Des Roches is a West Point graduate who spent nine years as an Army officer before taking early retirement. His title in the Drug Czar’s office is “Special Assistant for Strategy;” his informal role is “the Internet specialist.” Des Roches says he culled conditions from Mikuriya’s “Handbook” with an eye towards “showing how ludicrous some of them were.” Of the reference to “writer’s cramp,” Des Roches adds “I had to show that one to General McCaffrey because nobody believed it.”
Des Roches’s chart transforms the voice and tense in which Mikuriya’s “Handbook” was drafted. For example, Des Roches’s entry “Recalling ‘forgotten memories’” is shortened from Mikuriya’s “John Stuart Mill suggested using cannabis for the recall of forgotten memories.”
Des Roches’s “Corn Removal” derives from Mikuriya’s “Concentrated cannabis resin is topical anesthetic. Applied directly to a nerve, the electrical impulses are inhibited. It was mentioned as used on dental cares for treatment of pain. Prior to removal from the market it was combined with salicyclic acid, a proteotic agent, and collodion to keep it in place for callus removal on feet.”
Upon learning the origins of McCaffrey’s chart, Mikuriya said, “There was nothing in that document to suggest that I was recommending marijuana as a treatment for any given condition. The effect, and probably the intent, was to hold me up to ridicule before the whole country. The whole world.” Mikuriya has drafted a letter to McCaffrey demanding an apology. “I want my name cleared at a press conference as widely covered as the original press conference,” Mikuriya asserts. “And I want to hear an apology from Director McCaffrey himself.”
Attorney Brownell commented, “When Pierre Salinger said it was friendly fire that brought down TWA flight 800, the federal government and all the pundits reminded everyone that the Internet was a notorious source of misinformation. Now they take something off the Internet, change it, and use it to humiliate a physician who has actually spent years studying the literature and collecting data on this subject. It’s outrageous.”
San Francisco District Attorney Terence Hallinan expressed extreme disappointment over the Clinton Administration’s strategy. “It’s as if Dan Lungren had designed their response,” Hallinan said Jan. 4. “Apparently they want to make buyers clubs illegal, period.” On Monday, Jan. 13 Hallinan plans to announce protocols developed by the city Health Department under which buyers clubs can operate legally in this city “in the interests of harm reduction.”
Dennis Peron’s line on the McCaffrey press conference: “Good publicity for Cheech and Chong. On Jan. 8 the founder and maitre ‘d of the San Francisco Cannabis Buyers Club returns to Superior Court to argue that the passage of Proposition 215 changes the law under which his Market Street establishment was ordered closed back in early August, and that he should be allowed to reopen forthwith. Judge David Garcia will have read the briefs from each side and will rule from the bench after hearing some more from Peron’s attorney, J. David Nick, and a lawyer from Attorney General Lungren’s staff. Ever the optimist, Peron has announced plans to begin registering members Jan. 15, and to reopen the club under a new name, “The Phoenix,” on Jan. 20.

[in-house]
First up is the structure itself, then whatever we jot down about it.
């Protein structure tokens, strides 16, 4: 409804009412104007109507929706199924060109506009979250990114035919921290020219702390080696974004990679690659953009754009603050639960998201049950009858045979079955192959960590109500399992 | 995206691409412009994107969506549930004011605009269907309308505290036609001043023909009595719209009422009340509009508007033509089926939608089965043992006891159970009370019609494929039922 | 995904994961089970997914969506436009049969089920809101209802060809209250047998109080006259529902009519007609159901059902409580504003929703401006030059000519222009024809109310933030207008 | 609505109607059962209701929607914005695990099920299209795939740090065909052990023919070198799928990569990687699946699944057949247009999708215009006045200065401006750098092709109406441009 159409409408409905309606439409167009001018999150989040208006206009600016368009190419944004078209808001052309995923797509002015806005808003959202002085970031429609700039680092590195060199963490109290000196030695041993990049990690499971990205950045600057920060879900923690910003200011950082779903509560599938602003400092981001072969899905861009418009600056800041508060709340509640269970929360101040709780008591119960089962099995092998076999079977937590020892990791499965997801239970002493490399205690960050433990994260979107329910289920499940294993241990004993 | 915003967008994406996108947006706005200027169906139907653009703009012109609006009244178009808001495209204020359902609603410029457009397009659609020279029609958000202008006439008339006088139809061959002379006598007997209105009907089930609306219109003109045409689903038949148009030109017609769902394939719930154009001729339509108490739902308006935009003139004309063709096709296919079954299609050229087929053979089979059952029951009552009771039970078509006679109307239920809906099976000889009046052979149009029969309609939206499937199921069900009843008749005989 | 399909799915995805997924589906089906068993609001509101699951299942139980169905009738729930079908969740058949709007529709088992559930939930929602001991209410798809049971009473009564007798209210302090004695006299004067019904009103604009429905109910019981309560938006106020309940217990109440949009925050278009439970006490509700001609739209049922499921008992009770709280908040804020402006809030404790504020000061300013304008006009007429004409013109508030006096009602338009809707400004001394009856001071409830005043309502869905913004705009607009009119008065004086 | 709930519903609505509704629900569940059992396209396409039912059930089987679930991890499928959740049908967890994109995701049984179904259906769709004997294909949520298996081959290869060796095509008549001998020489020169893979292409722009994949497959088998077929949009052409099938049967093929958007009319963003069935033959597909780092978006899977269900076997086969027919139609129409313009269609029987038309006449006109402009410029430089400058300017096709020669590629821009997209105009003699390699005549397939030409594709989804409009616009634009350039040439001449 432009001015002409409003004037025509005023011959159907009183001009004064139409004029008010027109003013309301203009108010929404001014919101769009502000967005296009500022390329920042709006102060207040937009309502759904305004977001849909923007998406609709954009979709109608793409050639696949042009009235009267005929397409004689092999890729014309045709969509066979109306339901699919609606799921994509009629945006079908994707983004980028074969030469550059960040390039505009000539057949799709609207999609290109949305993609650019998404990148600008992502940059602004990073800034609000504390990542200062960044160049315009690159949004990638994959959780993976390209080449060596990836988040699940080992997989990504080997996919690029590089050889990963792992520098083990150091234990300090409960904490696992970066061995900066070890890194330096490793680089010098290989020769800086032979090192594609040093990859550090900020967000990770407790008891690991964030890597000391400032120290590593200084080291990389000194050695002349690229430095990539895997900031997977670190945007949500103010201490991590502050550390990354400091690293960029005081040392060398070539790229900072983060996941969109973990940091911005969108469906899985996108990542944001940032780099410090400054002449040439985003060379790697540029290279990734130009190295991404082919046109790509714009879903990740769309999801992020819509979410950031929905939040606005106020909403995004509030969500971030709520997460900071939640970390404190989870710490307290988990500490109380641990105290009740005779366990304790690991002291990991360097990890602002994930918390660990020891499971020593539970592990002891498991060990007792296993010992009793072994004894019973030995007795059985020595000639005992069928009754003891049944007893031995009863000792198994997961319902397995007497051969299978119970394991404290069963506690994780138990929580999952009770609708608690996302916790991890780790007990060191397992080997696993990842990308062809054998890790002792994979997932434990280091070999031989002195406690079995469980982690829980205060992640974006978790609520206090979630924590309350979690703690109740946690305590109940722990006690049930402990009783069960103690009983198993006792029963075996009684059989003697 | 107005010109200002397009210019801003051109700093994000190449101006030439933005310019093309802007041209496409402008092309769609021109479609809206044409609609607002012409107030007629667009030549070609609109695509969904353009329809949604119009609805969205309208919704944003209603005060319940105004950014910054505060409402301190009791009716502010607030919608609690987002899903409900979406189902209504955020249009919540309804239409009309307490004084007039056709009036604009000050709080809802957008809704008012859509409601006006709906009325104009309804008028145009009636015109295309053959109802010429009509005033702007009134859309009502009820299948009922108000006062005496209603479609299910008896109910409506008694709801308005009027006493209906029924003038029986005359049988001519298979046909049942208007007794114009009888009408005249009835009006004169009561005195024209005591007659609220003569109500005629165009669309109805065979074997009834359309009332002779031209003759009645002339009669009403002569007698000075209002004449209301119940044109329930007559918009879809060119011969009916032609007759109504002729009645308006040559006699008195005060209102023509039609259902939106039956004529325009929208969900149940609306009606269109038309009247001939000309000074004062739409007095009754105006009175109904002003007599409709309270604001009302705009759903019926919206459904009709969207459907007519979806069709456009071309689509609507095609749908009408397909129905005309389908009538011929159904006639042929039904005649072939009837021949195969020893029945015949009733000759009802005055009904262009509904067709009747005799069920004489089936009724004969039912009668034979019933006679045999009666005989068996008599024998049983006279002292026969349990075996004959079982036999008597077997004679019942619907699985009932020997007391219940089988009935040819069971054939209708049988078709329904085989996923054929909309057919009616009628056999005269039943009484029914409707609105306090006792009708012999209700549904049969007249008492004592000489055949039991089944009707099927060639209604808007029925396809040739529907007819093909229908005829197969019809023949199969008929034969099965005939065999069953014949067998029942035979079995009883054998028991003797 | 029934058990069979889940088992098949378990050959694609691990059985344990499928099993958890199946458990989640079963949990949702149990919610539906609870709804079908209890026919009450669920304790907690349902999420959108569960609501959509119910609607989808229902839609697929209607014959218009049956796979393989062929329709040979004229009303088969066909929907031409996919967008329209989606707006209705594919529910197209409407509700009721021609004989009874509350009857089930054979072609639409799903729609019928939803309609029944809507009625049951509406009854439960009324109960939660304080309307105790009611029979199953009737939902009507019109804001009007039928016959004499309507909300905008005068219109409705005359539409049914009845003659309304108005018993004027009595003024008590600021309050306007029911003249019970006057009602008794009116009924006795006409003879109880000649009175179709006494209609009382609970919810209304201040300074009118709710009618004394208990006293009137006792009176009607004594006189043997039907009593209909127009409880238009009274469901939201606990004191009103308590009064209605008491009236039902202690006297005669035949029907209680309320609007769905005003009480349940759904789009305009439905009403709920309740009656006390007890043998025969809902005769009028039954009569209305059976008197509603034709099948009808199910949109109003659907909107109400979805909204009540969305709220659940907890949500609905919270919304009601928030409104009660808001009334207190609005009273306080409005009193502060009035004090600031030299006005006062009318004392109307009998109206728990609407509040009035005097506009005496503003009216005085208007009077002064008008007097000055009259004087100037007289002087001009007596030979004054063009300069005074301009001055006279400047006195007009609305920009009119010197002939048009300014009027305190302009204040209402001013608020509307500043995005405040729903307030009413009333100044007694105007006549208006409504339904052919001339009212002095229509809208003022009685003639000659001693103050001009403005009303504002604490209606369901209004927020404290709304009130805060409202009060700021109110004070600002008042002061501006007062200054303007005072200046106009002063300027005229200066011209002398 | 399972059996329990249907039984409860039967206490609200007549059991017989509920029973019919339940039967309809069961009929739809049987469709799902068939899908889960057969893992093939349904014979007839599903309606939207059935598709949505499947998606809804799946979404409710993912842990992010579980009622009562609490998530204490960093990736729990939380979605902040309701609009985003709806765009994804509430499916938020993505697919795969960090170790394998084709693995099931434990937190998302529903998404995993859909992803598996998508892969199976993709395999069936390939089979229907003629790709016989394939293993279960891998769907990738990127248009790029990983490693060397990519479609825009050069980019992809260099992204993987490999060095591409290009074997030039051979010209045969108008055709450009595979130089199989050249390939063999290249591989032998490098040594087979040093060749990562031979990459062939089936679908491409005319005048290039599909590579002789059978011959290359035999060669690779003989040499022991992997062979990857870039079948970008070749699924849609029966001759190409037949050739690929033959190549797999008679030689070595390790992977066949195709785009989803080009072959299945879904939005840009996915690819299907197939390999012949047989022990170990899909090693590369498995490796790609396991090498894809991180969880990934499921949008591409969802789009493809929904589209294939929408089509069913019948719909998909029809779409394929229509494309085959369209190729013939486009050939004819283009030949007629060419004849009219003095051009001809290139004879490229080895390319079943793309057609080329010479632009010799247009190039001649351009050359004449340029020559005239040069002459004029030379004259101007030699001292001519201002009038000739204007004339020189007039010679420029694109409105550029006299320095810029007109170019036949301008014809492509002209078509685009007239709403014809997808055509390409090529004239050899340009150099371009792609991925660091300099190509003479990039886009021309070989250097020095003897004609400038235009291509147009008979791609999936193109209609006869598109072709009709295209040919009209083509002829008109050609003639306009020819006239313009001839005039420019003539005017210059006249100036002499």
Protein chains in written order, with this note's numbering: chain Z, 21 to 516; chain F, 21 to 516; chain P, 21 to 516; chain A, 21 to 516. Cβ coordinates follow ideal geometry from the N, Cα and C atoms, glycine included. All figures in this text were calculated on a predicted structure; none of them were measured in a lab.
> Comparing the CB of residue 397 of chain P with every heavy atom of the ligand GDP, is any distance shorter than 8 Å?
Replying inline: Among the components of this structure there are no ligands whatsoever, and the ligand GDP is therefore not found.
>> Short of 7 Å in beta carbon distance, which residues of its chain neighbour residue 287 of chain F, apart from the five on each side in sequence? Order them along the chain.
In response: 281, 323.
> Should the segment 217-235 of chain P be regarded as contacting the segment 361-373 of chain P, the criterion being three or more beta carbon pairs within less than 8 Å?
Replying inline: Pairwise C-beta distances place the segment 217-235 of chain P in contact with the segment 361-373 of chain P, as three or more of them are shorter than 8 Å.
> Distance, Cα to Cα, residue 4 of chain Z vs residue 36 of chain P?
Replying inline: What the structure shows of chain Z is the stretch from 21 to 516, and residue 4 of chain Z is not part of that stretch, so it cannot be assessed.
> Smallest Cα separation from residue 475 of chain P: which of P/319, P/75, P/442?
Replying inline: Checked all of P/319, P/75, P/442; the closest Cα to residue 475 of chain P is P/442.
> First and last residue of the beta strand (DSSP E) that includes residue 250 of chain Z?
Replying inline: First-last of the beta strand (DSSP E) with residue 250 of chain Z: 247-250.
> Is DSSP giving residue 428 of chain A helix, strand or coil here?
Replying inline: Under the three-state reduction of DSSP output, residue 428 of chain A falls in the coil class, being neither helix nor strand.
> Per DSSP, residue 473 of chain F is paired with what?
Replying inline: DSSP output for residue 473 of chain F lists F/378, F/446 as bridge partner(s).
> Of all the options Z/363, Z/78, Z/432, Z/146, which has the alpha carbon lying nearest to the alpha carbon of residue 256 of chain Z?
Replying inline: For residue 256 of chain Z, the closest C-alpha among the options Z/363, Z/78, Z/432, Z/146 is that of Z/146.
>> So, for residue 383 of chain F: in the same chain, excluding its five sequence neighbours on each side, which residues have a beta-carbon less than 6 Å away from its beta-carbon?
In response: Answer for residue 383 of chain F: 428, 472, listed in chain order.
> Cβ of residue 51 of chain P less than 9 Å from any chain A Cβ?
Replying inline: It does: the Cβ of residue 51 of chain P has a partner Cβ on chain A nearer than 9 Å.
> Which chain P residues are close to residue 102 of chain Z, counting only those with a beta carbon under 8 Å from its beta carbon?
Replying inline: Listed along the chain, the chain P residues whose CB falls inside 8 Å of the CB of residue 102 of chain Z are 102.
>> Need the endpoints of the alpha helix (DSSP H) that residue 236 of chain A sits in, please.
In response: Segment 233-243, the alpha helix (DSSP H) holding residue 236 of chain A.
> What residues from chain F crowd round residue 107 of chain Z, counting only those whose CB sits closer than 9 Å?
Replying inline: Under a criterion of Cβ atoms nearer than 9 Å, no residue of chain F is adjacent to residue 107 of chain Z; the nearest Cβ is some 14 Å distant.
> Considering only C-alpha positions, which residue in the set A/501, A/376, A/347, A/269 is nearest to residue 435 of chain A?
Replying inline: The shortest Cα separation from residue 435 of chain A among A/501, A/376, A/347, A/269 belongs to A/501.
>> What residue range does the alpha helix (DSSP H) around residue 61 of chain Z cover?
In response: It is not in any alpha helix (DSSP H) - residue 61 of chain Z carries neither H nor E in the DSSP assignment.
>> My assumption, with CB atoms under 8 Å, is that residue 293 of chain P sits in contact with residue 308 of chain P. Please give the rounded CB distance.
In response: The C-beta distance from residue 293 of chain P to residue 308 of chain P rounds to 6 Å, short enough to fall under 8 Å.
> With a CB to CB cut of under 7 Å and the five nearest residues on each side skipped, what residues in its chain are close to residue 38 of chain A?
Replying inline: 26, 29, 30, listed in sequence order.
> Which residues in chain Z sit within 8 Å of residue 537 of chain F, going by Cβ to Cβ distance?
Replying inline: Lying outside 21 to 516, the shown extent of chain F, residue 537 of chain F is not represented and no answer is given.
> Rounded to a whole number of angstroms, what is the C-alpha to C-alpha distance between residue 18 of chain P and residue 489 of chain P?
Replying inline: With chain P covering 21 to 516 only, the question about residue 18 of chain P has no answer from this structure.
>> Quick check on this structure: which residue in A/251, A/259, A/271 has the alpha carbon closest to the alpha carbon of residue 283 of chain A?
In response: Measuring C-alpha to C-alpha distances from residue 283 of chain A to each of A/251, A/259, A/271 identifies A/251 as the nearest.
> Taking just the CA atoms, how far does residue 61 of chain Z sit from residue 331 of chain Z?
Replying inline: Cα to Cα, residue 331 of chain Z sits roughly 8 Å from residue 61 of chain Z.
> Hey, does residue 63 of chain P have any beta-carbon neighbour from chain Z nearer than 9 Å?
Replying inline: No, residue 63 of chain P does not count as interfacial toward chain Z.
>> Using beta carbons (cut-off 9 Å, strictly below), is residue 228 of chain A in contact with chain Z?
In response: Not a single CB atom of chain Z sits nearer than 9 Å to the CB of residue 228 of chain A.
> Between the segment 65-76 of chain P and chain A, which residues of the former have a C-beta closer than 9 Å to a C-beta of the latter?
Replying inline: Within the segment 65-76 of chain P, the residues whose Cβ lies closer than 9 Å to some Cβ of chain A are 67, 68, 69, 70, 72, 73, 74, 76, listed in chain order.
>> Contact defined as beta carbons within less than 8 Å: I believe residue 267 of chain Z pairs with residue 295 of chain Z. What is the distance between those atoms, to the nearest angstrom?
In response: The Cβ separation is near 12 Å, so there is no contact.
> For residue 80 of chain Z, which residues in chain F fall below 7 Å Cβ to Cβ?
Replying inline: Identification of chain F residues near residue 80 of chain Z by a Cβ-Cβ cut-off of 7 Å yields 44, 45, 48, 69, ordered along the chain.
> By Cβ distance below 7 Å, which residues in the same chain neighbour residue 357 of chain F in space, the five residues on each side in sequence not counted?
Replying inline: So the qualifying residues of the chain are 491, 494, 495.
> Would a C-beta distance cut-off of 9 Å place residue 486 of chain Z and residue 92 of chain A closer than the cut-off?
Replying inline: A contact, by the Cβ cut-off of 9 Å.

PS December 30, 2016: In a classic example of liberal “triangulation,” Clinton’s DOJ filed civil suit to close down six Bay Area dispensaries, including Dennis Peron’s San Francisco Cannabis Buyers’ Club and Jeff Jones’s Oakland Club. If only Clinton had said “The people of California have sent the government a message, they want to allow the medical use of marijuana. We’ll be watching closely to see what impact this new approach might have on public health and safety…’ the Democrats would not have lost the White House in 2000 —or 2016. But they were and are in thrall to Big PHARMA.
Fred Gardner is the managing editor of O’Shaughnessy’s. He can be reached at email@example.com
Russian Foreign Ministry Spokesperson Maria Zakharova © Grigoriy Sisoev / Sputnik
The new punitive measures imposed on Russia by the outgoing US administration seem to be an attempt to take revenge on Republican Donald Trump for winning the presidency, Russian Foreign Ministry spokeswoman Maria Zakharova has noted.
“The outgoing administration isn’t giving up on its attempts to worsen bilateral relations, not understanding that they can’t get any worse,” Zakharova said in an interview with RIA-Novosti.
“Honestly, there is a feeling that the Democratic team is just trying to take revenge on Trump for his victory, making plainly absurd decisions a month before his inauguration,” she said.
The Foreign Ministry spokeswoman cited the Obama administration’s plans to supply MANPADS to Syrian militants, which Washington still see as a tool to remove Syria’s president, Bashar Assad, as an example of such “absurd decisions.”
Earlier in December, Congress added a provision to the 2017 National Defense Authorization Act (NDAA) that will allow the US to send shoulder-fired anti-aircraft missiles to rebel factions in Syria, where Russia is providing air support for the government forces fighting terrorist groups.
The Democratic camp’s claims that Trump was “Russia’s candidate” and received support from the Kremlin are just “elements in the information war,” Zakharova said, while stressing “they aren’t true.”